Editorial Analysis:

  • Start-ups troubled by the so-called angel tax may soon receive some concession from the government.
  • On 4th February, 2019, the Centre set up a five-member working committee to look into revising the norms of the angel tax imposed on start-ups.

Why is it in the news?

  • The tax, which was first introduced in 2012 to curb money-laundering through the sale of shares of private unlisted companies at bloated prices, has caused a lot of anguish among start-up investors in the country.
  • Start-up owners have complained that income tax officials have asked many start-ups to cough up money when they try to attract capital into their entities by issuing new shares.
  • For its part, the IT department fears that start-ups may be used as convenient tools to launder illegally acquired money, so a tax on investments beyond a certain threshold is necessary to deter such shady operations.
  • It is important to note that while the intent of such an angel tax may be justifiable, the arbitrary nature of it means the cost of unintended consequences could be larger than the supposed benefits.
  • In trying to curb money-laundering, Section 56(2)(viib) of the Indian Income Tax Act, 1961 gives income tax officials a free hand to harass even genuine start-ups looking to raise investments for their growth.
  • Under the Act, the IT department is free to arbitrarily decide the fair value of a company’s share and tax start-ups if the price at which their new shares are sold to investors is higher than the fair value of these shares.
  • The broad-brush tax on all investments means an unnecessary cost is imposed on the wider start-up community simply because of the lack of better means at the government’s disposal to tackle black money.

Concluding Remarks:

  • The committee set up by the government will, among other things, consider raising the threshold beyond which new investments into start-ups will be taxed.
  • It is expected that start-ups with aggregate paid-up share capital and share premium of less than Rs. 25 crore, against the previous threshold of only Rs. 10 crore, will not be taxed while attracting new investment.
  • Experts have opined that although this would definitely make life easier to a certain extent for angel investors and start-ups, it will not address the real problem with the angel tax, which has to do with the unbridled power that it vests in the hands of the income tax authorities.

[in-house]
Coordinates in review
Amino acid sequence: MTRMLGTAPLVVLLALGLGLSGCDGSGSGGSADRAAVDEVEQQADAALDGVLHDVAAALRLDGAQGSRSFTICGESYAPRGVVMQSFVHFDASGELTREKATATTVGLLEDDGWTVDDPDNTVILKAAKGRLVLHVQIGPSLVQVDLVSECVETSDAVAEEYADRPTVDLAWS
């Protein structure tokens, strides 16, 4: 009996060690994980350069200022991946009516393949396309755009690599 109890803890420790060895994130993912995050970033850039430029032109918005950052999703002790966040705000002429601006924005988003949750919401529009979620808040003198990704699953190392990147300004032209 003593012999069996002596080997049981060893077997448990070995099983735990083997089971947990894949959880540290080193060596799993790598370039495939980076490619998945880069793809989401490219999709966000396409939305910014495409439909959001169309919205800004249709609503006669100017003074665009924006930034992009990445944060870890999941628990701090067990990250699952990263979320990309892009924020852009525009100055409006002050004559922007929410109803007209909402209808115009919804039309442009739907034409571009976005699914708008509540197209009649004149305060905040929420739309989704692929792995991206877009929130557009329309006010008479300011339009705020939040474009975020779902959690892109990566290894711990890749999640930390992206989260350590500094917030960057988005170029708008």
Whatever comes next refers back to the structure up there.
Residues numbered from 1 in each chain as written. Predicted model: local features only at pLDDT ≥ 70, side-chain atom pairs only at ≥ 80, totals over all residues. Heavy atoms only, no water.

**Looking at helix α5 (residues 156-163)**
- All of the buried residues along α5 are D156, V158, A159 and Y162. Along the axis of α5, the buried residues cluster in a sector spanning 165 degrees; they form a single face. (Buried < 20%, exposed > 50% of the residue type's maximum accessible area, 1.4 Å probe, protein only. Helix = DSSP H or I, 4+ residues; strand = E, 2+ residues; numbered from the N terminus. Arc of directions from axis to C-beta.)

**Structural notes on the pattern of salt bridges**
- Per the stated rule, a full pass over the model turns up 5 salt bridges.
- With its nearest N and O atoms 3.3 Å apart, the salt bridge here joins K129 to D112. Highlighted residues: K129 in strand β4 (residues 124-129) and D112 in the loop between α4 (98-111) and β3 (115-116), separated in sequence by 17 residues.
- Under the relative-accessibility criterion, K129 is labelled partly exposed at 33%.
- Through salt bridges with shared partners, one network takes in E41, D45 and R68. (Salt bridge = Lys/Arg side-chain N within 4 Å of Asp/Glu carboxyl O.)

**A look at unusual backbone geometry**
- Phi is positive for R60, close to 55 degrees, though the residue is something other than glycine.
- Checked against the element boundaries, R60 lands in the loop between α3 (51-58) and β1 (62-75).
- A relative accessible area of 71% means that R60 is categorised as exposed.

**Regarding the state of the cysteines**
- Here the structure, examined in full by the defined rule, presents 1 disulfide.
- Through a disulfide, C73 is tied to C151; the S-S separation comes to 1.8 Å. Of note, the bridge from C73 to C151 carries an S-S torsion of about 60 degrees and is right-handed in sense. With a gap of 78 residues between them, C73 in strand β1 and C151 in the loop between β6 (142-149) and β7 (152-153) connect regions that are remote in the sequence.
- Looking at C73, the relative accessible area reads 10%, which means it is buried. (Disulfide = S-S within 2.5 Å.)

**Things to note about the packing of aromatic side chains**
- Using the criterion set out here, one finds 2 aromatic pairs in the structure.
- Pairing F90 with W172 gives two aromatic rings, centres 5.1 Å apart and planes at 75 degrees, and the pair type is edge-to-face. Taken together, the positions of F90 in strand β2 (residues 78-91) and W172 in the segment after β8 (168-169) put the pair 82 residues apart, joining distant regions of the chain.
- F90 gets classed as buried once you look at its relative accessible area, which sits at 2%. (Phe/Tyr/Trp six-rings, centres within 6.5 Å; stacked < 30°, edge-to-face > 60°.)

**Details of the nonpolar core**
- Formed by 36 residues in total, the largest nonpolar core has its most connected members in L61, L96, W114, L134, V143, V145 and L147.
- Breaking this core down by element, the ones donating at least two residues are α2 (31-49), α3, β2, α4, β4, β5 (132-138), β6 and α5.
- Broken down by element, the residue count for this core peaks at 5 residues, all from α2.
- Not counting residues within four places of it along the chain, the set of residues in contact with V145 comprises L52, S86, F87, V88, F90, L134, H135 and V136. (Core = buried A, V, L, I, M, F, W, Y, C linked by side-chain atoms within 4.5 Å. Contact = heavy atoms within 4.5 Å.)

• Investors, foreign or domestic, may become wary of investing in new ideas when they are taxed while risking money on untested ventures.
  • As a way forward, experts suggest that the government should look to withdraw the angel tax and focus instead on building the capability to better identify and rein in illegal wealth. Otherwise it risks killing the nascent start-up ecosystem in the country.

F. Tidbits


1. ‘Ayushman Bharat world’s largest health scheme’

  • “Ayushman Bharat has stabilised as the largest health scheme in the world, benefiting over 10 lakh patients since its launch, and created an atmosphere of positivity,” said Union Minister for Health and Family Welfare J. P. Nadda at the inauguration of the newly-constituted National Health Authority (NHA).
  • The minister, who also launched the Ayushman Bharat (PM-JAY) mobile app through a live demo, said that the States which had not opted for Ayushman Bharat were denying the poor the opportunity to benefit from the scheme.
  • The app has been introduced within just four months since the launch of the scheme and is aimed at helping users get easy access to information on the scheme, check eligibility, find hospitals nearby and get assisted help. The app which was under testing for the last few days, has already achieved more than 10,460 downloads and an average rating of 4.6. It is available on Google Play Store for Android users.
  • “The app is a great way to connect and get all important information on the Ayushman Bharat PM-JAY,” said the Minister.

G. Prelims Facts

   Nothing here today!!!

H. UPSC Prelims Practice Questions

Question 1.Google TEZ is associated with:
  1. Digital Payments
  2. Rural internet connectivity
  3. 3D Mapping
  4. Self-driving car project


Question 2. India Wage Report is published by: 
  1. International labour Organisation
  2. Reserve Bank of India
  3. Finance Ministry
  4. Prime Ministers Office


Question 3. Consider the following statements about International Nitrogen Initiative:
  1. It is an intergovernmental body under the aegis of the UN.
  2. The initiative aims to optimise nitrogen’s beneficial role in sustainable food production.

Which of the above statement(s) is/are correct?

  1. Only 1
  2. Only 2
  3. Both 1 and 2
  4. None of the above



I. UPSC Mains Practice Questions

  1. Without a sound and robust institutional framework and a co-operative approach, India’s water dispute resolution is unlikely to have much improvement. Discuss (12.5 Marks; 200 words)
  2. Many attempts including the US war on Afghanistan has failed to bring any fruit. Discuss the reasons for the failure of several world powers in exerting their control over Afghanistan. (12.5 Marks; 200 words)